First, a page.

Oshima and Kafka have just met for the first time. Oshima engages Kafka in a surprisingly deep conversation about the nature of the soul. Indeed, this quote reveals much about Oshima’s worldview, and foreshadows later conversations he will have with Kafka, as their friendship develops, about his own gender identity. Oshima’s story helps to explain why many characters in the novel feel as if they are being drawn towards each other by forces outside of their control or knowledge, as well as why characters feel so comfortable with each other so soon after meeting: perhaps they are actually two halves of the same soul, reunited at last. However, another side to that theory is that soulmates are codependent—and, until they meet, are less than complete. One possible danger of a belief in soulmates is that it suggests that someone who has not found their soul mate is less than whole, and therefore cannot possibly have a fulfilling life. Finally, Oshima’s story relates to his gender identity, something that he keeps private from Kafka until later. Oshima identifies as a gay transgender man, but because he faces prejudice from others who don’t know about his identity or perceive him as female, Oshima often feels conflicted about his gender, making him another example of the ways in which the novel deals with the split between the mind (or the self) and the body.
I didn’t cry at all. I already knew that somewhere, on some distant battlefield, my husband would lose his life. Ever since the year before, when all those things I just wrote about took place—that erotic dream my period starting ahead of time, hitting Nakata, the children falling into that mysterious coma—I’d accepted my husband’s death as inevitable, as something fated to be. So news of his death merely confirmed what I already knew.
“My father told me there was nothing I could to escape this fate. That prophecy is like a timing device buried inside my genes, and nothing can ever change it. I will kill my father and be with my mother and sister.”
One by one the words find a home in my heart. It’s a weird feeling. Images beyond any meaning arise like cutout figures and stand alone, just like when I’m in the middle of a deep dream.
The drowning girl’s fingers
Search for the entrance stone, and more.
Lifting the hem of her azure dress,
at Kafka on the shore.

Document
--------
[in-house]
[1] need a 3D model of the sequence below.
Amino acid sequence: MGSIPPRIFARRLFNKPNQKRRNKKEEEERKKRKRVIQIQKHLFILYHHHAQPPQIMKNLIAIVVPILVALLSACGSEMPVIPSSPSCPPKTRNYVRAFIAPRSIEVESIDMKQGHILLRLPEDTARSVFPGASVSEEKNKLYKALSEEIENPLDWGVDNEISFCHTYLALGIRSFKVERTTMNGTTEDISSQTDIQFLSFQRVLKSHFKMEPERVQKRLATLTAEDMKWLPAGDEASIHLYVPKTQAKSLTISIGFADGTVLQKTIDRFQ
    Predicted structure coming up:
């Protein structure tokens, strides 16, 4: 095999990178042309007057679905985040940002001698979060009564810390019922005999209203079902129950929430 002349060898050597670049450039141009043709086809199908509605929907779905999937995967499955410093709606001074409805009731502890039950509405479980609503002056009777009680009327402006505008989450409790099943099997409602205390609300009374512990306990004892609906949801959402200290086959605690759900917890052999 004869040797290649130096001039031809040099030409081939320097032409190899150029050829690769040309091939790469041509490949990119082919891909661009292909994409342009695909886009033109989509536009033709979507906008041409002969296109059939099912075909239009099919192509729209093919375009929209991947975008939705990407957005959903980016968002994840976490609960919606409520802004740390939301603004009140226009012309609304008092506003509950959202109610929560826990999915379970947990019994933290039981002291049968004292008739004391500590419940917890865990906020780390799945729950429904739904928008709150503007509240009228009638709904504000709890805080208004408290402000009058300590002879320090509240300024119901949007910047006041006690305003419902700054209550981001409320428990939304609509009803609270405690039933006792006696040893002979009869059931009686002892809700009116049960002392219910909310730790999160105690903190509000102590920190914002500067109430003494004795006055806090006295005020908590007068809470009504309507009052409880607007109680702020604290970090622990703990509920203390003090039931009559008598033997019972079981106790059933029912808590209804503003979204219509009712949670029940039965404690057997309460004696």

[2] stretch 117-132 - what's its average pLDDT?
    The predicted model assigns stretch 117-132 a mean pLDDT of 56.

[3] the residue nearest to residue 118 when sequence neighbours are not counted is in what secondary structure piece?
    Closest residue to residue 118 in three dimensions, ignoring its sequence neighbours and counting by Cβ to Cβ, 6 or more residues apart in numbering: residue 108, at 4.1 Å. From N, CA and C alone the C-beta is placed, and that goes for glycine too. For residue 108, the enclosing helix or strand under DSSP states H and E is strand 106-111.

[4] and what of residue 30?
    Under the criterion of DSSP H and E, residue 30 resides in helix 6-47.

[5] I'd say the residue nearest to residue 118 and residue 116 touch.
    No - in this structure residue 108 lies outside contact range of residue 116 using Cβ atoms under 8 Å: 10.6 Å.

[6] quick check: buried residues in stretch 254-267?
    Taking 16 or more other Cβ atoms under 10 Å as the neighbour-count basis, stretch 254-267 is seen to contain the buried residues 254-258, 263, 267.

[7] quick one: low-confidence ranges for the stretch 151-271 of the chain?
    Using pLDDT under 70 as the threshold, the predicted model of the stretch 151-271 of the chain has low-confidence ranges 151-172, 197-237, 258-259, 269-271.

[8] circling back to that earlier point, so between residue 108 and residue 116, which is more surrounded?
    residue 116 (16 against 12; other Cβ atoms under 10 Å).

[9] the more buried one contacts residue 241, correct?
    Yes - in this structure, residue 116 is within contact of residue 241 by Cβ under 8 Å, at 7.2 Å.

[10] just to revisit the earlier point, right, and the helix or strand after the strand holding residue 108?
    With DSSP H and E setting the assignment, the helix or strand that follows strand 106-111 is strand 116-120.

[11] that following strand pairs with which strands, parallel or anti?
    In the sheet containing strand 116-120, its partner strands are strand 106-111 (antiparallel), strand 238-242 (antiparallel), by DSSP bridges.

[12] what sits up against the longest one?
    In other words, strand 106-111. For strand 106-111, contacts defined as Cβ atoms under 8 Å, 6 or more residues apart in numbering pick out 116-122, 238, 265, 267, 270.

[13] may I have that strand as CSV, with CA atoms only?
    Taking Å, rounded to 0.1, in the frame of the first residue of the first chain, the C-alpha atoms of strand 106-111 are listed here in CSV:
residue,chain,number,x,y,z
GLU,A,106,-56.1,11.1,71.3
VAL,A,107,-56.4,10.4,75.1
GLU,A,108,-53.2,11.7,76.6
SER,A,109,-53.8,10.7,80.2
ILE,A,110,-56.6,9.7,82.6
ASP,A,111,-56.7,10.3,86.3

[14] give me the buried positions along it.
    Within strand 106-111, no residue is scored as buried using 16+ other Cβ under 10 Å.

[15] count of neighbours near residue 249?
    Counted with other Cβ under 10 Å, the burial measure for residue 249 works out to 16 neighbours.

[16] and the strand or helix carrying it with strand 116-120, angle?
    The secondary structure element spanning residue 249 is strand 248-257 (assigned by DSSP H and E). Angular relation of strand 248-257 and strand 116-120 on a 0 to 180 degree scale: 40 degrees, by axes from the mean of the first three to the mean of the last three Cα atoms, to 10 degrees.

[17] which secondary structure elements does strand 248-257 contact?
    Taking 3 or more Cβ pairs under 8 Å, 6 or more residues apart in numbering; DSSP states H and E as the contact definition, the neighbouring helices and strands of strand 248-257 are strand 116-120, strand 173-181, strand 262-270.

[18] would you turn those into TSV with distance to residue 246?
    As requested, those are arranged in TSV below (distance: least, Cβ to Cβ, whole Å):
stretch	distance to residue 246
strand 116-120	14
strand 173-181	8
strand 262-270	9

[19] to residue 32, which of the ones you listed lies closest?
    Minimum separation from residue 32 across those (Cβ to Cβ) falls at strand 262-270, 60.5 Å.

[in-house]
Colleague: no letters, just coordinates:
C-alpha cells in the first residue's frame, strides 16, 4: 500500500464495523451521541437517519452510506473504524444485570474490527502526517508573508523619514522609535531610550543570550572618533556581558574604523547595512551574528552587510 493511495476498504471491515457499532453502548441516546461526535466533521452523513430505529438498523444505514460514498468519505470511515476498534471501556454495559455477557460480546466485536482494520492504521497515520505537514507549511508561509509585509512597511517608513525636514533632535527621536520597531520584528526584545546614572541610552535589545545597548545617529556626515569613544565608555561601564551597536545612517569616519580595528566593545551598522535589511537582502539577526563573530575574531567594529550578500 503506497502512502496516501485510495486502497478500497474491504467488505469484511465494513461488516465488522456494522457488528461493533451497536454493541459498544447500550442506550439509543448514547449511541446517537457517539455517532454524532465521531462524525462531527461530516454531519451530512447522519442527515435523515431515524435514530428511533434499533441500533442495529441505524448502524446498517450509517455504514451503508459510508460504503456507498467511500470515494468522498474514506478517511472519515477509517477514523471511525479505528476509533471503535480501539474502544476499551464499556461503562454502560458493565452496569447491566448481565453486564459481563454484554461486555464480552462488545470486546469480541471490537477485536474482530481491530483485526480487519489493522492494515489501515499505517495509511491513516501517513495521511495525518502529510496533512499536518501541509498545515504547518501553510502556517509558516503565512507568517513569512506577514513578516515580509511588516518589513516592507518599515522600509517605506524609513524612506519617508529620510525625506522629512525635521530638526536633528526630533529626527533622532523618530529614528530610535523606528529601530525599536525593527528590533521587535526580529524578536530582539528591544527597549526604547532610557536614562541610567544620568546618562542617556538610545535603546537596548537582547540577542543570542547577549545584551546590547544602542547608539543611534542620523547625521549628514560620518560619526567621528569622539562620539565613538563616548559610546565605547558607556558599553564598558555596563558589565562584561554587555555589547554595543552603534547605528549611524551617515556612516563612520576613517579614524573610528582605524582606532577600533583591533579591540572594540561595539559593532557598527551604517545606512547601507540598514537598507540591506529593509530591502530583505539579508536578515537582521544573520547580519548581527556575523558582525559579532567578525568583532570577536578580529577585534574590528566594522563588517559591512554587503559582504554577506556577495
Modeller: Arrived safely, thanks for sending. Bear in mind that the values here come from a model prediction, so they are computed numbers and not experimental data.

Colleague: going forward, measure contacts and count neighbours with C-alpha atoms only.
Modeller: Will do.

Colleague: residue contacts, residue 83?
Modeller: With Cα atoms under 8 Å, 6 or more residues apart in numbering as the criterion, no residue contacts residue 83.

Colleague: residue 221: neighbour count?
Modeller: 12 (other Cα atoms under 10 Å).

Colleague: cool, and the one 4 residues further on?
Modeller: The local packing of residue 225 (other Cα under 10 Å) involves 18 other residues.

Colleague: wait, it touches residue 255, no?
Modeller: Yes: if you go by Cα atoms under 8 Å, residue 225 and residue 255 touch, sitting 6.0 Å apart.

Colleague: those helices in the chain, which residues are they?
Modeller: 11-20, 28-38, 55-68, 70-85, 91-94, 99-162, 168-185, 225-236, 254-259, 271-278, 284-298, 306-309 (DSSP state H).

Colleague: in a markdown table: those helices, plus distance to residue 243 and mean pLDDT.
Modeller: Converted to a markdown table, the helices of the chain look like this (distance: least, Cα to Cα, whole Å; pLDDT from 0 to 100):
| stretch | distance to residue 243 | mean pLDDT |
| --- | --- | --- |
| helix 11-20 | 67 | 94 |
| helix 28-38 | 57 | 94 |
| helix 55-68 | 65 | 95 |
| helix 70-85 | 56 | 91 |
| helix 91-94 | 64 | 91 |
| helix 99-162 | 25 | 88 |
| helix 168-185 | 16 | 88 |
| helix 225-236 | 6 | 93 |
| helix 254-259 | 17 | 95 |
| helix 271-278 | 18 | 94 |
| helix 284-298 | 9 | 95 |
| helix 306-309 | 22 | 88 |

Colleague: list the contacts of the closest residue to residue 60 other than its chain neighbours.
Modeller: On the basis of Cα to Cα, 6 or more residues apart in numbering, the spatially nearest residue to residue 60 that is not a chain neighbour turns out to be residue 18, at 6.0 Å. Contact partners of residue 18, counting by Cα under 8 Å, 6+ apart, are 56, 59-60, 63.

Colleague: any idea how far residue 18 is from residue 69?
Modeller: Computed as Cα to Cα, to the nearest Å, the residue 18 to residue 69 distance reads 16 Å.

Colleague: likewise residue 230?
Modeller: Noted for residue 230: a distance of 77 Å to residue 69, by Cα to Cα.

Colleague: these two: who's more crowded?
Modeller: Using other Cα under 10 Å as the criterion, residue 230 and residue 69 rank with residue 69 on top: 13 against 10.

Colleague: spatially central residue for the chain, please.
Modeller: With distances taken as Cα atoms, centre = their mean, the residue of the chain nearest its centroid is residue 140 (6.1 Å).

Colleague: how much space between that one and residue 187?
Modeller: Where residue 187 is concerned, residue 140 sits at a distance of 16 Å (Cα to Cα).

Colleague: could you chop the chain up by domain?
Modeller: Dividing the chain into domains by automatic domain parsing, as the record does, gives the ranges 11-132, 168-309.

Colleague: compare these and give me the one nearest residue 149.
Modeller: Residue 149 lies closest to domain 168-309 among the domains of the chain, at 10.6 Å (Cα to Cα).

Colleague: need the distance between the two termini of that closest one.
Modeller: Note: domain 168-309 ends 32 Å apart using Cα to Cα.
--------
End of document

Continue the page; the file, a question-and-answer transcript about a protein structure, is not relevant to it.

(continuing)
The lyrics to “Kafka on the Shore” speak deeply to Kafka, serving as one of many pieces of real or imagined evidence convincing him that he is being drawn to Miss Saeki by fate. Indeed, there are many references in the song tying different elements of the book together, adding a note of surrealism and coincidence that helps explain why characters like Kafka might believe so strongly in fate. The most obvious instance of this is the connection to Kafka’s name, which seems especially powerful because he chose the name “Kafka” for himself. The reference to the “search for the entrance stone” connects Miss Saeki and Kafka’s story to that of Hoshino and Nakata, reinforcing the suspicion of many characters in the book that their lives are on predetermined paths.
I breathe very quietly, waiting for the dawn. A cloud parts, and moonlight shines down on the trees in the garden. There are just too many coincidences. Everything seems to be speeding up, rushing towards one destination.
“There are a lot of things that aren’t your fault. Or mine, either. Not the fault of prophecies, or curses, or DNA, or absurdity. Not the fault of structuralism or the Third Industrial Revolution. We all die and disappear, but that’s because the mechanism of the world itself is built on destruction and loss.”
What makes sense, what doesn’t, it’s all mixed up. Above me, a crow gives out a piercing caw that sounds like a warning, it’s so jarring. I stop and cautiously survey my surroundings.
“You have to overcome the fear and anger inside you,” the boy named Crow says. “Let a bright light shine in and melt the coldness in your heart. That’s what being tough is all about.”
He’d resigned himself to the fact that it was only a matter of time before this day came. But now that it had, and he was alone in this quiet room with a dead Miss Saeki, he was lost. He felt as if his heart had dried up.